The company determined the most efficient way to move the inventory would be to load one cask at a time into a liner capable of housing five canisters. Each cask had a bolted steel and concrete cover to shield the high radiation levels, along with a welded stainless-steel lid for the liner. All of the operations had to be performed by a remote operator. The weight of each cask with the five canisters was 87 tons.
Relocation to the storage pad was expected to take two years given the relatively tight quarters in the building and the limitations of conventional moving apparatus. Reinforced flooring would also have to be installed to handle the excessive weight.
The process for removing just one cask was expected to take up to seven days assuming no other issues developed. Given the time constraints, costs for relocation were anticipated to increase by millions of dollars.
The West Valley Demonstration Project team reviewed the movement and relocation options considering safety, efficiency, and cost-effectiveness. At first, it appeared those options were limited.
“We had an extremely heavy piece of equipment similar to a forklift that was very long with a counterweight that stuck out,” Meess recalled. “It was massive to work in our confined spaces and we would have only been able to do one cask at a time.”
Cranes, often an option for other segments of the power industry, were ruled out at West Valley due to cost and space limitations. Another important consideration was the inability of the facility’s flooring to support the weight if not reinforced or replaced prior to moving major components.
Facilities using rollers on a track to move their heavy equipment must ensure their flooring is not only strong enough to withstand the weight, but perfectly flat. A seemingly innocuous imperfection in the floor could cause load weight to shift, possibly damaging the equipment and flooring. Flexibility during movement is non-existent as the rollers/track are fixed in place. A change necessitated by a turn or in-path obstacles will stop the process until the track can be re-set. Similarly, if a load on rubber wheels comes into contact with a wall or narrow opening, side loads caused by obstruction and subsequent weight shift can cause the wheels to collapse, shutting down the move and substantially increasing the expense.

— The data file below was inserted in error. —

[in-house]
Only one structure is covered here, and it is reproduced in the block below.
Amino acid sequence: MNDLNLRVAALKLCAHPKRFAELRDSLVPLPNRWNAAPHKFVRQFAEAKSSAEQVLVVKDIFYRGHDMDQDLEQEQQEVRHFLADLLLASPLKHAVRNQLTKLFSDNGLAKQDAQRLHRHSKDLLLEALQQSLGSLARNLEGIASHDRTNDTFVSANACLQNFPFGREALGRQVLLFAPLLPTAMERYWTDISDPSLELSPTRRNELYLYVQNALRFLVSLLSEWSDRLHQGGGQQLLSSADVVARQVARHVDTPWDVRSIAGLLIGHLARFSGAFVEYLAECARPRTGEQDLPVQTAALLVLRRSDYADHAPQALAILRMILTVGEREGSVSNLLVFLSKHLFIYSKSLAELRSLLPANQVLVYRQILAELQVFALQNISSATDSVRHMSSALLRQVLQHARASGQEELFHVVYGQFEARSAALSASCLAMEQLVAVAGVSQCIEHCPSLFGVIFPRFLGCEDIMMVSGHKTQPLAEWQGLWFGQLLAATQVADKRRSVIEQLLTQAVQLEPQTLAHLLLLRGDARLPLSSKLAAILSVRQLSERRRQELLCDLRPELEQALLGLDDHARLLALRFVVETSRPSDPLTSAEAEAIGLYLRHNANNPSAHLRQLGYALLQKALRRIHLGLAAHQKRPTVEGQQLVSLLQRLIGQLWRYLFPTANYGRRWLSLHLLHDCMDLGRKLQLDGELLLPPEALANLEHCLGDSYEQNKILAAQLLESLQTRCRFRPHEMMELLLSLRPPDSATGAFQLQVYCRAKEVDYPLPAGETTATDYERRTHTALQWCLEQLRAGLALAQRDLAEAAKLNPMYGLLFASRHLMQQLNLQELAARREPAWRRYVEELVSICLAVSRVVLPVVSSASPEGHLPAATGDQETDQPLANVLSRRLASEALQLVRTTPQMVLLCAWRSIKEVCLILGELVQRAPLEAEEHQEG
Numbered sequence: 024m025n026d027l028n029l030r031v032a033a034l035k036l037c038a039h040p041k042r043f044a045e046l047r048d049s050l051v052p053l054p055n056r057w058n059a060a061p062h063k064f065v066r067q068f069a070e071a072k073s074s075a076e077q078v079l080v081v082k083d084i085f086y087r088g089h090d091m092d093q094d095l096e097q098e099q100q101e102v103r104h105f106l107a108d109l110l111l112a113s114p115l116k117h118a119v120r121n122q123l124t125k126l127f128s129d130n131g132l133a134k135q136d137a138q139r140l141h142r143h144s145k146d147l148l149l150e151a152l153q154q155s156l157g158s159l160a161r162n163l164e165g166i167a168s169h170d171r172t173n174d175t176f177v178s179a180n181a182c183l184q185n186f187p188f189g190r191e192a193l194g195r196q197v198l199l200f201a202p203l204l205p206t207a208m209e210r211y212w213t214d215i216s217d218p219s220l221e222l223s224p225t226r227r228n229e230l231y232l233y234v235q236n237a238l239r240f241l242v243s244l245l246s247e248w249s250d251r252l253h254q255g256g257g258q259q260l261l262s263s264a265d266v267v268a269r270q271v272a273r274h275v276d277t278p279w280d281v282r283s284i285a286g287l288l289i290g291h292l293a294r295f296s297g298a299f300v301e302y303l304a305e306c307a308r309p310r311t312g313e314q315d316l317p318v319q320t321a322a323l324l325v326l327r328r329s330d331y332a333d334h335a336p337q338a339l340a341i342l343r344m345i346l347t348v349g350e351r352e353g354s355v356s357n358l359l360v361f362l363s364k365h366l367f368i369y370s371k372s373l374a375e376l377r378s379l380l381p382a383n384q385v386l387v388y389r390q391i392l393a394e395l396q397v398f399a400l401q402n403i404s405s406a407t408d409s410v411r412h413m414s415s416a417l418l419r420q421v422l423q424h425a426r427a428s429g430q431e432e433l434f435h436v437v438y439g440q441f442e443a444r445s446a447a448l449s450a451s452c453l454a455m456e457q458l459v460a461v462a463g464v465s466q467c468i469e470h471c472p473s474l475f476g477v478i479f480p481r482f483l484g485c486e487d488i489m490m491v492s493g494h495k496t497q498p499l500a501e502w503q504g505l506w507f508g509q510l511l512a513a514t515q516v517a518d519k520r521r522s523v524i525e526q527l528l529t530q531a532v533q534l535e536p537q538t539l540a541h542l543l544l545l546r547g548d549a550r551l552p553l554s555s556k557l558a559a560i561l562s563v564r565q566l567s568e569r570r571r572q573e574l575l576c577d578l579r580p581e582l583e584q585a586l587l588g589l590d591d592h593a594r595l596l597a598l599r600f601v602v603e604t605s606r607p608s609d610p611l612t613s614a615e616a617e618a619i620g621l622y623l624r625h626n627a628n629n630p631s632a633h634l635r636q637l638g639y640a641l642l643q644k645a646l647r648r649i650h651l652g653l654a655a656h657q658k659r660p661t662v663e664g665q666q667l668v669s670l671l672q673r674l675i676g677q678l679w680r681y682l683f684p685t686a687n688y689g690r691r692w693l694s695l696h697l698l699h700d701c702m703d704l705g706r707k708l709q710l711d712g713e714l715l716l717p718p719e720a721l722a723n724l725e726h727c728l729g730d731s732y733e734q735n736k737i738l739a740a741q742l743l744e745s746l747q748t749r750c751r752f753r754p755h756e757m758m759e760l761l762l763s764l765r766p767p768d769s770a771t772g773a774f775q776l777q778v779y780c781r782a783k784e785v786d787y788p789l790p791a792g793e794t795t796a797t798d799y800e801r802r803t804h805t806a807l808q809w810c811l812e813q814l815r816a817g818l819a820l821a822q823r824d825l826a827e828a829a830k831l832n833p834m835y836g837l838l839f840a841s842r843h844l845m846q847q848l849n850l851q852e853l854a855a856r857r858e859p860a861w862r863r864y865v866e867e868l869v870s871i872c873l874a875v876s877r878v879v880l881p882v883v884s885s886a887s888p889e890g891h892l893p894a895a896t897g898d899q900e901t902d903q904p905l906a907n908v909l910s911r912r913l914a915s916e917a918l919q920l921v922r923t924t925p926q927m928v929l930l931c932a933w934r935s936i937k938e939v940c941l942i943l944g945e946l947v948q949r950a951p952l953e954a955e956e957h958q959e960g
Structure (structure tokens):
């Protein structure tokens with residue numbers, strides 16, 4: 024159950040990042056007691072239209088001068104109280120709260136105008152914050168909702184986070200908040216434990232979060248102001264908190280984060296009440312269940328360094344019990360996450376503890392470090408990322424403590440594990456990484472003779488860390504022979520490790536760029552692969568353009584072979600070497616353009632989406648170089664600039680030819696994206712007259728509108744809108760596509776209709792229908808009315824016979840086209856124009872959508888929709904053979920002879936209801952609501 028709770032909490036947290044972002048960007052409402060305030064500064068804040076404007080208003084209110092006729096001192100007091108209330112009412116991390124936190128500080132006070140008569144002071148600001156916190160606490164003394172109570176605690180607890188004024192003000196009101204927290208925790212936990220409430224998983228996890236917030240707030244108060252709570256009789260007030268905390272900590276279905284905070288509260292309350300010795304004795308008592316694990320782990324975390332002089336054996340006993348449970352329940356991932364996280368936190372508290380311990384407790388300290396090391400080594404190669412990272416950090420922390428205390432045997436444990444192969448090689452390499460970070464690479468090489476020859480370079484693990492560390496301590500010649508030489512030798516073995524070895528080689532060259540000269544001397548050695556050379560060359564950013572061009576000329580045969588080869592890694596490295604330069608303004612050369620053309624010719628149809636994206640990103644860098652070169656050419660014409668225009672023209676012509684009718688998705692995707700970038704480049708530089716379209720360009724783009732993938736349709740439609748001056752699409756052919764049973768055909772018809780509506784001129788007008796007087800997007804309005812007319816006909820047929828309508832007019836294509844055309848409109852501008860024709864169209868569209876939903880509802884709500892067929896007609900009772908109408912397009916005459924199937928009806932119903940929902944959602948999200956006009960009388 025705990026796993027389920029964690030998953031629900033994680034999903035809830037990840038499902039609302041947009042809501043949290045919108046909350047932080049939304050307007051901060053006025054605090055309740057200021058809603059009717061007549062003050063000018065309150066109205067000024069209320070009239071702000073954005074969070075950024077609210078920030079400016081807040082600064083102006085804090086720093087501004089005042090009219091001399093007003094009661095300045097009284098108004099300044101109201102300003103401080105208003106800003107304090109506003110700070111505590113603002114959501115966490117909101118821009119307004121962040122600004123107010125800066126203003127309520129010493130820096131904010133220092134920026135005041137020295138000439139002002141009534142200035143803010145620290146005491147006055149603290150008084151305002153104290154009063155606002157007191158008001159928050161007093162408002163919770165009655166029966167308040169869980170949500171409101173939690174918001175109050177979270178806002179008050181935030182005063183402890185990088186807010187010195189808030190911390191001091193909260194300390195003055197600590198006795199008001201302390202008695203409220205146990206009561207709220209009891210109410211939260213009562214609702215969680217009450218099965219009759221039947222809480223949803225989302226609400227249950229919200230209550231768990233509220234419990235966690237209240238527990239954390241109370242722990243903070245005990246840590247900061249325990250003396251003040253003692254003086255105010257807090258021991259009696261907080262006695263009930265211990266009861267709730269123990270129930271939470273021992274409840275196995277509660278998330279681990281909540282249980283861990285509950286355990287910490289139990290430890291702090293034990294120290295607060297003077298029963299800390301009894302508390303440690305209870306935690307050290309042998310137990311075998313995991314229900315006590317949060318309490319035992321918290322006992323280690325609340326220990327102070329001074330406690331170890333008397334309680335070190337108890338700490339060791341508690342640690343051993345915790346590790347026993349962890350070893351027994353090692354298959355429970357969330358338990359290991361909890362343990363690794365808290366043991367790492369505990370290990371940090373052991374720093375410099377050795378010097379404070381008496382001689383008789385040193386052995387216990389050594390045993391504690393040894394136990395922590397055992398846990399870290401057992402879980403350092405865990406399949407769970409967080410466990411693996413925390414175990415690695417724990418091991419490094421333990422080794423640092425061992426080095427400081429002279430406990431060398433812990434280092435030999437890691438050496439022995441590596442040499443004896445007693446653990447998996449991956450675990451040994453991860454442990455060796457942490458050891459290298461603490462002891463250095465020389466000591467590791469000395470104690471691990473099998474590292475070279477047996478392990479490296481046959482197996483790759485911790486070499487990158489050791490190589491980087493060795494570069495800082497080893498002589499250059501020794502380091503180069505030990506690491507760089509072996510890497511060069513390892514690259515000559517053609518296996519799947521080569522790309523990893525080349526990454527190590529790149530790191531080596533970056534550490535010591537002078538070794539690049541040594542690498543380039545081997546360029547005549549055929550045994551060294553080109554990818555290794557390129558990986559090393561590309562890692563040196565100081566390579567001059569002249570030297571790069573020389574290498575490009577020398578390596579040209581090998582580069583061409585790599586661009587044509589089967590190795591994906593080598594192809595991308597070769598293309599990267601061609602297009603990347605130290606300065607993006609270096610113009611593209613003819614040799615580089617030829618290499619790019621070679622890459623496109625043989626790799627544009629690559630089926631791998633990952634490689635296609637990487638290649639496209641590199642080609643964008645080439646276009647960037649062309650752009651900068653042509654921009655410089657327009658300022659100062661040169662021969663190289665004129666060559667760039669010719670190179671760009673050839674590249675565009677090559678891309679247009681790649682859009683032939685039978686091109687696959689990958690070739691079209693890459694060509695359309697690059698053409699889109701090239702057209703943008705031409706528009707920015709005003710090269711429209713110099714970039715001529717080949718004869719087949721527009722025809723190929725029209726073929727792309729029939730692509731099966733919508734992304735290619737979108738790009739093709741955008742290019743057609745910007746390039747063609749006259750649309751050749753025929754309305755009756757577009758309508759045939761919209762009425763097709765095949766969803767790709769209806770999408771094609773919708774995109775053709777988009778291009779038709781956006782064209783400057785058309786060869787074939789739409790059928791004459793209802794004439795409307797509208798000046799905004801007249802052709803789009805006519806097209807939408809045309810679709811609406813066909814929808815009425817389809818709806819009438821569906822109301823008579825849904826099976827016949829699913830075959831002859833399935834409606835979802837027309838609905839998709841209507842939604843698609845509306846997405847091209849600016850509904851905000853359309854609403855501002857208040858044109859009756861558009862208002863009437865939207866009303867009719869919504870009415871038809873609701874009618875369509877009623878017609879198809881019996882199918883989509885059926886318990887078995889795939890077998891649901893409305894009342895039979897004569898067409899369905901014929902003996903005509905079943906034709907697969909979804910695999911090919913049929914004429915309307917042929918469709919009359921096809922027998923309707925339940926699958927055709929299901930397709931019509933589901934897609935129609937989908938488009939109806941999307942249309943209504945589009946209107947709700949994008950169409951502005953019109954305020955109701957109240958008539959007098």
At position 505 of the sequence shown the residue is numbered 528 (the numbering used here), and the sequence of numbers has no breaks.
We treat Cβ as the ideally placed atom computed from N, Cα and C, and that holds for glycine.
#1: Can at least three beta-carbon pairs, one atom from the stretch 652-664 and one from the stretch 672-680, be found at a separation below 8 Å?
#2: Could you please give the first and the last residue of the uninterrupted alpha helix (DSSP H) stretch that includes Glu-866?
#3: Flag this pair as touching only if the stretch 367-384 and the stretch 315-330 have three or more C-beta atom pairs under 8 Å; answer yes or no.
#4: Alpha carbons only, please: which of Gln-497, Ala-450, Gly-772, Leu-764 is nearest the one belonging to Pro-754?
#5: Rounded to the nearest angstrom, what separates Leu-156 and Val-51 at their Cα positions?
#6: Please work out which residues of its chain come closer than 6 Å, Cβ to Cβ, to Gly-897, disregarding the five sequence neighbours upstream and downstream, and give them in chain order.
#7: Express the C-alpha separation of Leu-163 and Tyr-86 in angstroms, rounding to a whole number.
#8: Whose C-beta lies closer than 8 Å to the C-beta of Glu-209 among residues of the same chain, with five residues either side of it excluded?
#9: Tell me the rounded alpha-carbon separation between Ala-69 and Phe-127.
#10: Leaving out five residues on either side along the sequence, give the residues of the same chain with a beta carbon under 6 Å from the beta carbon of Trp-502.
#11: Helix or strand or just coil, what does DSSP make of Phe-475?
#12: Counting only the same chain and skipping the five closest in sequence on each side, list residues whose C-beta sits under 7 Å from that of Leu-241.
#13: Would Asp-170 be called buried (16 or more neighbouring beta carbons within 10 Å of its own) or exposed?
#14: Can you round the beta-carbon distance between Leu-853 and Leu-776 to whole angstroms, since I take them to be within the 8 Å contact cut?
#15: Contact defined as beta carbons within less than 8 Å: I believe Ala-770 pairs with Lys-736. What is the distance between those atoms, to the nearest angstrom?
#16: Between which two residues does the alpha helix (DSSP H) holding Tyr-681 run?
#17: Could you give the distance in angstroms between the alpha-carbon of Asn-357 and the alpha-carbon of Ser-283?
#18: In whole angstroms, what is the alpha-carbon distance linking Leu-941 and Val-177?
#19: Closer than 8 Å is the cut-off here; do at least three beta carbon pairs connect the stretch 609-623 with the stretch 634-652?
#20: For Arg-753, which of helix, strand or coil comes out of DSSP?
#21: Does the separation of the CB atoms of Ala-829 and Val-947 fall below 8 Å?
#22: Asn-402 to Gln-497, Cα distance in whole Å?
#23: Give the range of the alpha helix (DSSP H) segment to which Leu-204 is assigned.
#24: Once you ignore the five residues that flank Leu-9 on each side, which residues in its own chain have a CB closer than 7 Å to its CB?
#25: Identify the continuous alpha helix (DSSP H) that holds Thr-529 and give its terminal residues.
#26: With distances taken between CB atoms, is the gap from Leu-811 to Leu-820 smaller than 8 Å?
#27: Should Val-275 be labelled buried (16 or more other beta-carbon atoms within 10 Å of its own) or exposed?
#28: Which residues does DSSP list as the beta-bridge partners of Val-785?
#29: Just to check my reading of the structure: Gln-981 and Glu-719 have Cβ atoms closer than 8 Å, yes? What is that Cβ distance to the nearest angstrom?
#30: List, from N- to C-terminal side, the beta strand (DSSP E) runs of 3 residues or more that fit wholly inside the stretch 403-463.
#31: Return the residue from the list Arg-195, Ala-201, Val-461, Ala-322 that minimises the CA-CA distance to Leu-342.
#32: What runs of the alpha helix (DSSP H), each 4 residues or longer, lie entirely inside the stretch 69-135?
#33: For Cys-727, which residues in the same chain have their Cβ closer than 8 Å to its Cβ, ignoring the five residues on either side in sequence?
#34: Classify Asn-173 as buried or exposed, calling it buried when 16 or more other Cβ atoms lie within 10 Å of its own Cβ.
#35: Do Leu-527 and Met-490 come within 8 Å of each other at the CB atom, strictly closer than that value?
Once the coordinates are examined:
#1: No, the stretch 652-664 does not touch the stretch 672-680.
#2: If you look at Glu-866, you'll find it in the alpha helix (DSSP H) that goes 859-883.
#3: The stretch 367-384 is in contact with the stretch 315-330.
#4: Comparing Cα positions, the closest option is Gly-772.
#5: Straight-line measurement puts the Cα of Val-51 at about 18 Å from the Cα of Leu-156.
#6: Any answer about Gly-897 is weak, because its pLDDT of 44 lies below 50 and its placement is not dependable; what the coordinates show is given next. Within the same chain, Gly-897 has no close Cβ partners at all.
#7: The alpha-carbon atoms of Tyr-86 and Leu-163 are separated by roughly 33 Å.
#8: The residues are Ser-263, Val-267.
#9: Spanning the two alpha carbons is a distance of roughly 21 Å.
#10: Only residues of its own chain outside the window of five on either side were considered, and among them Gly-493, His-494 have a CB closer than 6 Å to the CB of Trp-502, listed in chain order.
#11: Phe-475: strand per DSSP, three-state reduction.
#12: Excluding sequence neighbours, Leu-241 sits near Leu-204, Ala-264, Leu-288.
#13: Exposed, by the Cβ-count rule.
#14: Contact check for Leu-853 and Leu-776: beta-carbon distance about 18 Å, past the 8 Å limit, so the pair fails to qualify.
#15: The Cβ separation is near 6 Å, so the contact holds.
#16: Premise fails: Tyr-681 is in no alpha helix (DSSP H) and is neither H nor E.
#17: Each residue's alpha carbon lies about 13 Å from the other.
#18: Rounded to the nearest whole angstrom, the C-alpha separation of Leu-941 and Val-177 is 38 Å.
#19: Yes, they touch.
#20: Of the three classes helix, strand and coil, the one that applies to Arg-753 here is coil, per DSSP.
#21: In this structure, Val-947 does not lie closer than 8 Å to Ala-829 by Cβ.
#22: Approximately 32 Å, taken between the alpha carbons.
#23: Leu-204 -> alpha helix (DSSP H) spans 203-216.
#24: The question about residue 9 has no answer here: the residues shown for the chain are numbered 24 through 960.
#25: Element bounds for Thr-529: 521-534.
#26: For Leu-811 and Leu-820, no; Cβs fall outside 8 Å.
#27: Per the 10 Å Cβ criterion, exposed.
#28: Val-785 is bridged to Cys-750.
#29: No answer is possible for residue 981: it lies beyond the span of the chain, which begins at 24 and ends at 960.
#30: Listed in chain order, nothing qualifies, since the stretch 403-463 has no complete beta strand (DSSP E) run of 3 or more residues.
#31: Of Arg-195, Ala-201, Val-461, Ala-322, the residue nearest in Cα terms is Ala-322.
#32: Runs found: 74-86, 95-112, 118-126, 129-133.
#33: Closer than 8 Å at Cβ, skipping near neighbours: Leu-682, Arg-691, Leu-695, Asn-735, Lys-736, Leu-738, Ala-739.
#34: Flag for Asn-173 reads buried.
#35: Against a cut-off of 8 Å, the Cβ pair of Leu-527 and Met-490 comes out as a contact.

One more complication was that an average rubber wheel with a contact area of 10 square inches carrying high-tonnage equipment, such as the above described casks or a heat exchanger, could weigh as much as 6,000 pounds per square inch. No standard mezzanine or non-reinforced flooring is built to withstand that much pressure.
Weighing all the pros and cons, engineers at West Valley decided on a feasible and more cost-effective alternative. They chose air bearing-based vehicles (Figure 1), which offered increased load displacement without the downsides associated with other load-moving choices, particularly the excessively high floor loads caused by wheeled casters.
|1. West Valley Nuclear utilizes a steel pallet with power drive to safely transport 87-ton casks of nuclear waste. Courtesy: AeroGo Inc.|
Air Casters and Casks
Air caster technology, regardless of the type of application, is based upon the lifting and floating of heavy loads on a film of air, which alleviates weight and friction. Lightweight air lines can be easily moved to maintain compressed air pressure. This is just one of a number of advancements that convinced the engineers to use air pallets.